at the Ahmanson on Broadway [thanks, shutterbug93]). Alas, the casting was a bit off for Jimmy Smith: although Cameron Fife was a remarkable actor and dancer, his voice wasn’t quite in the range needed for the songs… and as a result, a few notes were off. Other main players in the cast included Farley Cadena (Mrs. Meers), Chris Hsu (Ching Ho), Marla McClure (Miss Dorothy Brown), and Mel Wong (Bun Foo). The ensemble, playing various not-explicitly-named roles, included Jenna Davi, Rachel K. Evans, Jennifer Fenten, Michael Robin Garcia, Wendy Kenney, Matthew Lawrence, Ian Loveall, Austin Miller, Michelle Pariso, Tania Possick, Gillian Samhamel, Alison Siegel, Corey Slack, Jessica Stone, and Rodrigo Roman Suarez.
Moving to the technical side of things. This is a small theatre, and the 8-piece orchestra (under the musical direction of Gary Poirot) did an excellent job, with one exception: the trumpet player. He didn’t quite make all of his notes, and the ones he didn’t make were painful. I think this show really needs more than one horn, and a slightly larger musical section would have worked better. The set design by David Daniels was reasonable for the stage size, and I particularly liked the integration of the projector. Costume design was by Ben Kahookele and Shon Le Blanc, and was reasonable except for Mille’s outfit at the top of Act 2: the yellow T-shirt-ish top served to focus the attention on her (ummm) chest, and not her excellent singing and dancing. The costume needed to be more in the 1920’s slinky style. The production was produced and directed by Jan Glasband and David Daniels, with choreography by Seth Kamenow and Kristina Stieffel. Technical direction and lighting design was by Christian West, and the stage was managed by Kaelia Franklin.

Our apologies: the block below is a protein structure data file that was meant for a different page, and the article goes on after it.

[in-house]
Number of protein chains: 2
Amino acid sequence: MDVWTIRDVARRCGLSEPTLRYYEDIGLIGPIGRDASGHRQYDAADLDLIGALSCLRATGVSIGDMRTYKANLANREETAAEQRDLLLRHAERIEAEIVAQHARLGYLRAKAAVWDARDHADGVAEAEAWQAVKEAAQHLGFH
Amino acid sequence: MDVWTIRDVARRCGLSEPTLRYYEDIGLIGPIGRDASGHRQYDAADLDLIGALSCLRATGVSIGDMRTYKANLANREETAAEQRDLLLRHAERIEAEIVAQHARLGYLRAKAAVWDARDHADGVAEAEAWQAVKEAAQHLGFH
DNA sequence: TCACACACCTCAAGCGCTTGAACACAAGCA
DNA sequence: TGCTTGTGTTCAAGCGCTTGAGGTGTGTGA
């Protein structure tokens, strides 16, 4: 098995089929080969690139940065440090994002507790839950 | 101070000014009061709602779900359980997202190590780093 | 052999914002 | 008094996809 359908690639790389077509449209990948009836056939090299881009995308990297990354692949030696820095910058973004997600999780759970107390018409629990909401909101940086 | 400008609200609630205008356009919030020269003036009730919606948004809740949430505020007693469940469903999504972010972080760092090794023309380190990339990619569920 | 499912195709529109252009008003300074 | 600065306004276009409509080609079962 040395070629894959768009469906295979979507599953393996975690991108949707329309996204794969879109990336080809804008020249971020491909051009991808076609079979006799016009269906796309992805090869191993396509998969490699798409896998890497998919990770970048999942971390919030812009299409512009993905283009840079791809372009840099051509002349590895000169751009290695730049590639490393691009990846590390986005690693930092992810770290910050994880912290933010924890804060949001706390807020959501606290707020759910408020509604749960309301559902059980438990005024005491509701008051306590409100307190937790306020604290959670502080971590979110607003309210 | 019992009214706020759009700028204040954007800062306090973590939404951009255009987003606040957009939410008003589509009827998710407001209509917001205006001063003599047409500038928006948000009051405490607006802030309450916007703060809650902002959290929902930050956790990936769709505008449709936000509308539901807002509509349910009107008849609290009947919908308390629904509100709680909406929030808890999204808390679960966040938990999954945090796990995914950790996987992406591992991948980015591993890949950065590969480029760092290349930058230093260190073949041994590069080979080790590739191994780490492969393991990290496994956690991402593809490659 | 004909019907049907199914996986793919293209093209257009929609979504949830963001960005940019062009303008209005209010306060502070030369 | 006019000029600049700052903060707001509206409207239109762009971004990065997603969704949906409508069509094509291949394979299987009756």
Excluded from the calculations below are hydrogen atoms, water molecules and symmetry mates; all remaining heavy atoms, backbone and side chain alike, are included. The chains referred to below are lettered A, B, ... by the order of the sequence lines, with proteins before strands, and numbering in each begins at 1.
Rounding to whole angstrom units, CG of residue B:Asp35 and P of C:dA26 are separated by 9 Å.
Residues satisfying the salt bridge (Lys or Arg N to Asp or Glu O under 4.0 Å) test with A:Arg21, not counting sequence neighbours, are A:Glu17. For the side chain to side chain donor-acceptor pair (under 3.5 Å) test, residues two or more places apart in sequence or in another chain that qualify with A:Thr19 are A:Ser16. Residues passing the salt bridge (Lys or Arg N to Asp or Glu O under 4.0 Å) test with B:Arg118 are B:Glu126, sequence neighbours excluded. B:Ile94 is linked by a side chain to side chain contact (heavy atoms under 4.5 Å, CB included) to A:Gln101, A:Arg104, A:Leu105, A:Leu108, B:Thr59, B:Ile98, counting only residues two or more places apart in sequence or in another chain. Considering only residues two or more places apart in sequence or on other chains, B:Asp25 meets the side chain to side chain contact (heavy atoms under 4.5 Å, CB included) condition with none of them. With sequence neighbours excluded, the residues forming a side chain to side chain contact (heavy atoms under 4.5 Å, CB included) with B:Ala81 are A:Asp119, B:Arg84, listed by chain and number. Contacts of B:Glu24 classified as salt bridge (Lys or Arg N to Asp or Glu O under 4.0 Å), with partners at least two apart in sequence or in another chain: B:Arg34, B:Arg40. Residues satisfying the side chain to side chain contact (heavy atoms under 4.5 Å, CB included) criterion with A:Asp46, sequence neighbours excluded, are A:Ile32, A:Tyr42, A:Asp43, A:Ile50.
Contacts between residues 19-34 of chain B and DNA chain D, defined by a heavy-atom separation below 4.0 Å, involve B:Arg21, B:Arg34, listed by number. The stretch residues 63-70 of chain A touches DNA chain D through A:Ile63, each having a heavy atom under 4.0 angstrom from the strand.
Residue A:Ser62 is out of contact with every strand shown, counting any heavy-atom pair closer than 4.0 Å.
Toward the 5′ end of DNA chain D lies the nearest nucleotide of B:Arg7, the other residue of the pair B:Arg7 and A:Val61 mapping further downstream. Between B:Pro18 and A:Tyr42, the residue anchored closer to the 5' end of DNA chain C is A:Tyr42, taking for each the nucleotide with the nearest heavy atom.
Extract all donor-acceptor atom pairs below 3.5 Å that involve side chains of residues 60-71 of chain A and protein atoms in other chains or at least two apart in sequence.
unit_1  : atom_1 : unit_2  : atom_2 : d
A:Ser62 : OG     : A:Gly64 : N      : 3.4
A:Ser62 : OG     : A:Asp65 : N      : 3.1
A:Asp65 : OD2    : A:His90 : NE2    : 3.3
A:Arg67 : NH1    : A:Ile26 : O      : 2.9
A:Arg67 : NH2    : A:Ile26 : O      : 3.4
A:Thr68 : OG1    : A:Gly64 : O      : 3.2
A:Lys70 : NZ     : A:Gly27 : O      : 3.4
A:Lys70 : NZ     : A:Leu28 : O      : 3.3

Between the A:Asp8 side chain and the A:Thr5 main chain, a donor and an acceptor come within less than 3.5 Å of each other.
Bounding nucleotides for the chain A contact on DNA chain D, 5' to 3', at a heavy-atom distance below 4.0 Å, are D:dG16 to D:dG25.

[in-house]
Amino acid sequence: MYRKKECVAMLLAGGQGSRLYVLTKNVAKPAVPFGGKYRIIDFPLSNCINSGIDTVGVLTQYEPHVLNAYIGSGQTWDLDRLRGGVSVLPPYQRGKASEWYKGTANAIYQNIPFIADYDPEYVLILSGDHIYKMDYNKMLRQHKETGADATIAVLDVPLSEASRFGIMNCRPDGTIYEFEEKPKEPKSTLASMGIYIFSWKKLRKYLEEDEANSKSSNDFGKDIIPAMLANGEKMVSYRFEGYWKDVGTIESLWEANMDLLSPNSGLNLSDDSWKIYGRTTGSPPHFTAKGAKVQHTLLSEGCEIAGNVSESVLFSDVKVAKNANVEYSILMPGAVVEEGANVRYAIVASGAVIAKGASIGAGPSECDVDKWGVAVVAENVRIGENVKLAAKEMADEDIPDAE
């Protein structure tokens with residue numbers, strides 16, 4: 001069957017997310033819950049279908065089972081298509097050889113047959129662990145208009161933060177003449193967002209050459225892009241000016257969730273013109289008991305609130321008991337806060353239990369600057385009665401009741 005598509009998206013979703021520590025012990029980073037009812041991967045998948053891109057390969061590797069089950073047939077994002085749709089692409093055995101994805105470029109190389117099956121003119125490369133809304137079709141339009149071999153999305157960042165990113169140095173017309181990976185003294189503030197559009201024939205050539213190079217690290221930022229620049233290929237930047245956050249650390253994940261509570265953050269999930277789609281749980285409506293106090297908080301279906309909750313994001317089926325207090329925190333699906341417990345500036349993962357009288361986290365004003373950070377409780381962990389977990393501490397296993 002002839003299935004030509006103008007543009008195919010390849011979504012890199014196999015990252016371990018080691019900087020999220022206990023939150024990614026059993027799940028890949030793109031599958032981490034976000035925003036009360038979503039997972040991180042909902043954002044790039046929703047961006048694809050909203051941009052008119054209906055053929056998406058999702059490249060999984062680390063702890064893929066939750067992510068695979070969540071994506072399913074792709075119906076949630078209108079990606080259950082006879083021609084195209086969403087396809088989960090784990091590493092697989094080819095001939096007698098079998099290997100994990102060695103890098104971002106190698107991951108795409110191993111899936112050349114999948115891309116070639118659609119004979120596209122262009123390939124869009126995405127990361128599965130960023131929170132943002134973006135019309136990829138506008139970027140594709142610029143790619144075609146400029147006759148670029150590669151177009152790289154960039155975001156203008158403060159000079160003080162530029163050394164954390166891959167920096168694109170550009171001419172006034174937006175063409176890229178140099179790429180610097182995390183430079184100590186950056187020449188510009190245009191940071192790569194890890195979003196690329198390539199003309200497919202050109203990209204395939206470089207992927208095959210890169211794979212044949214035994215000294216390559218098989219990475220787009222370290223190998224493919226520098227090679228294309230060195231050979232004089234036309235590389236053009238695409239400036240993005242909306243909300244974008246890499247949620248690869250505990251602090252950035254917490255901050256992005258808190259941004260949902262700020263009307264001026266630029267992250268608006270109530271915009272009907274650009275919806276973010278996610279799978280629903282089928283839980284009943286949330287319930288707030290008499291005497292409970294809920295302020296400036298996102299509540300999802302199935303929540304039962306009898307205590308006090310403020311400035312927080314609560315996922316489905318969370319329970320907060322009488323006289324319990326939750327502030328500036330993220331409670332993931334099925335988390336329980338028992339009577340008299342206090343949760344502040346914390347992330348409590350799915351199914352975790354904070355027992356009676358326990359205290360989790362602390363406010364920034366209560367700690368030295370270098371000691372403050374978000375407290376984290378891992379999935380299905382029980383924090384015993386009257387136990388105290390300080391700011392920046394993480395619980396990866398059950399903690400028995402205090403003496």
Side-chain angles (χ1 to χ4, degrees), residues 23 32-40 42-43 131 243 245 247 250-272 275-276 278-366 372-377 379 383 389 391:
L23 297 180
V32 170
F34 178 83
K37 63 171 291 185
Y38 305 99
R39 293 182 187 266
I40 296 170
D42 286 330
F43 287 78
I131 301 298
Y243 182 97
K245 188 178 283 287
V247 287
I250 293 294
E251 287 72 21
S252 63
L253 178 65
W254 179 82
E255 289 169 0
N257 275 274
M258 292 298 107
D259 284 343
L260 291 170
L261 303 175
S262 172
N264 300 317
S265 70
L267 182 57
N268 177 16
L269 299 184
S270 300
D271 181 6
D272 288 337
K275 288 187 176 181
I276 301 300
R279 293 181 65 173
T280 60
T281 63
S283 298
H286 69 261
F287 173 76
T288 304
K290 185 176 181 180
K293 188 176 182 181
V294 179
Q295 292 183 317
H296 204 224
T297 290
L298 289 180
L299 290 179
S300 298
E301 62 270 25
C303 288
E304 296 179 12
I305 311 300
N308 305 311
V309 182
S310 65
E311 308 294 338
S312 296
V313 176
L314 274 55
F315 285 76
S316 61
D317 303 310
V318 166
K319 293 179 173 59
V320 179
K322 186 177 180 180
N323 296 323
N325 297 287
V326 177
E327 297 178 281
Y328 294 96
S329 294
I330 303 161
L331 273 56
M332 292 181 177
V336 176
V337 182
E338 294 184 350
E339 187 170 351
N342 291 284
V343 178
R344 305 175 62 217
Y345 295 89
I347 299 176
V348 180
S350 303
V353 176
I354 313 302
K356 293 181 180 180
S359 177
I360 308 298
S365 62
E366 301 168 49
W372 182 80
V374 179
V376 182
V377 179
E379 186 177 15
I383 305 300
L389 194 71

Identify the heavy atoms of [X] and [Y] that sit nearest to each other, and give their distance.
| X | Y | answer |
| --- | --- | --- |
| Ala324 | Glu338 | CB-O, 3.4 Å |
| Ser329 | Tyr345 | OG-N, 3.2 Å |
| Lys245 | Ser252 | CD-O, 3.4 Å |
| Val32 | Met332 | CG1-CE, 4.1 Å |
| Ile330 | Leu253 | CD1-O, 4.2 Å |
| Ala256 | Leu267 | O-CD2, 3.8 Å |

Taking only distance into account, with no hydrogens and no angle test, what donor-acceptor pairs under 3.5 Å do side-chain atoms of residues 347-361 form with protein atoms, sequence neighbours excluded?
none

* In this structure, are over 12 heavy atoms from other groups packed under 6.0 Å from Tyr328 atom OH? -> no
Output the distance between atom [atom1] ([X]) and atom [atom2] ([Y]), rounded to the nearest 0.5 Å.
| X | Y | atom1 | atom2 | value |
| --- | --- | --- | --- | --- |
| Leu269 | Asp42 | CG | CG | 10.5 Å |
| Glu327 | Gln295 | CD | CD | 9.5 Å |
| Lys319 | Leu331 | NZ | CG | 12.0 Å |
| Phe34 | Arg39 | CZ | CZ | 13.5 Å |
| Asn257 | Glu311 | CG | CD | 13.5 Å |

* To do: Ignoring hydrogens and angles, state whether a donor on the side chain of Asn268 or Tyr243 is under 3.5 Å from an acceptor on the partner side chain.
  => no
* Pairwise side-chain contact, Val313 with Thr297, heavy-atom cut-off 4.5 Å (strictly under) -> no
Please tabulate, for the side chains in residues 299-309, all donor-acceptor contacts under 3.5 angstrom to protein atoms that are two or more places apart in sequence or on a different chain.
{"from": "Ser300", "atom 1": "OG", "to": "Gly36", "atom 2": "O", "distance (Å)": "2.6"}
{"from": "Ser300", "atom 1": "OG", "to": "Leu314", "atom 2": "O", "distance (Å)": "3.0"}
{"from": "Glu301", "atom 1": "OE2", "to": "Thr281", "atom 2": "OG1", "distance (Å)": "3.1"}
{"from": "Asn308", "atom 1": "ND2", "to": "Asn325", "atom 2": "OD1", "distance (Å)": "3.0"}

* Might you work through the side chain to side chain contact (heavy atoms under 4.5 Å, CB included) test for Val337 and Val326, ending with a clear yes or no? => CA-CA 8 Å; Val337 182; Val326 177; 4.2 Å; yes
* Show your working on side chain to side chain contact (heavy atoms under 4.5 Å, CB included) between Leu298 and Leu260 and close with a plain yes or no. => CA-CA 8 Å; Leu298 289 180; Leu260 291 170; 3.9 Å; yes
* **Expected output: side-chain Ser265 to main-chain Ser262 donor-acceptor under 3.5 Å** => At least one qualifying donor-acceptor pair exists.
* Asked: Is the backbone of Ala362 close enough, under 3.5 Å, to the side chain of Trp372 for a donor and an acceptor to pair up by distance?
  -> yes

Surprisingly, for all the credits in the playbill, the most important ones were left off. The book was by Richard Morris (from his original screenplay for the 1967 film of the same name), and most (but not all) music and lyrics were by Dick Scanlan (lyrics) and Jeanine Tesori (music). The production runs through April 1, 2007.
So, will we go back to the Simi Cultural Arts Center? Quite likely, depending on the show. For a community theatre, they did a reasonable job, and they seem have a good set of musicals in their repertoire. We’re not that interested that much in the remainder of the 2007 season, as we’ve seen The Wizard of Oz and Ragtime.
As for us, the theatre calendar for the next few weeks is getting quite busy indeed: “They’re Playing Our Song” at Valley Musical Theatre on Sat Mar 3rd @ 2pm; Big Bad Voodoo Daddy at CSUN on Sat, Mar 10th @ 8pm; “Songs for a New World” at the ELATE Lincoln Stegman Theatre on Sat Mar 17th @ 8pm; “The Beatles Slept Here” (a Moorpark Melodrama from the High Street Theatre Foundation) at the Secret Garden Restaurant (tickets) on Sun Mar 18th at 1:30pm; “The Last 5 Years” at REP East on Sun Mar 25th at 2pm; “Smokey Joe’s Cafe” at Cabrillo Music Theatre on Sat Mar 31st at 2pm; and “Cuttin Up’” at the Pasadena Playhouse on Sat Apr 7th at 8pm. I’ll be looking on Goldstar for tickets for “The 25th Annual Putnam County Spelling Bee” through Broadway/LA (tickets go on sale 3/18)… and through HotTix, tickets for “Jersey Boys” at the TaperAhmanson (tickets on sale 3/12). As I said… a busy, busy, theatre spring.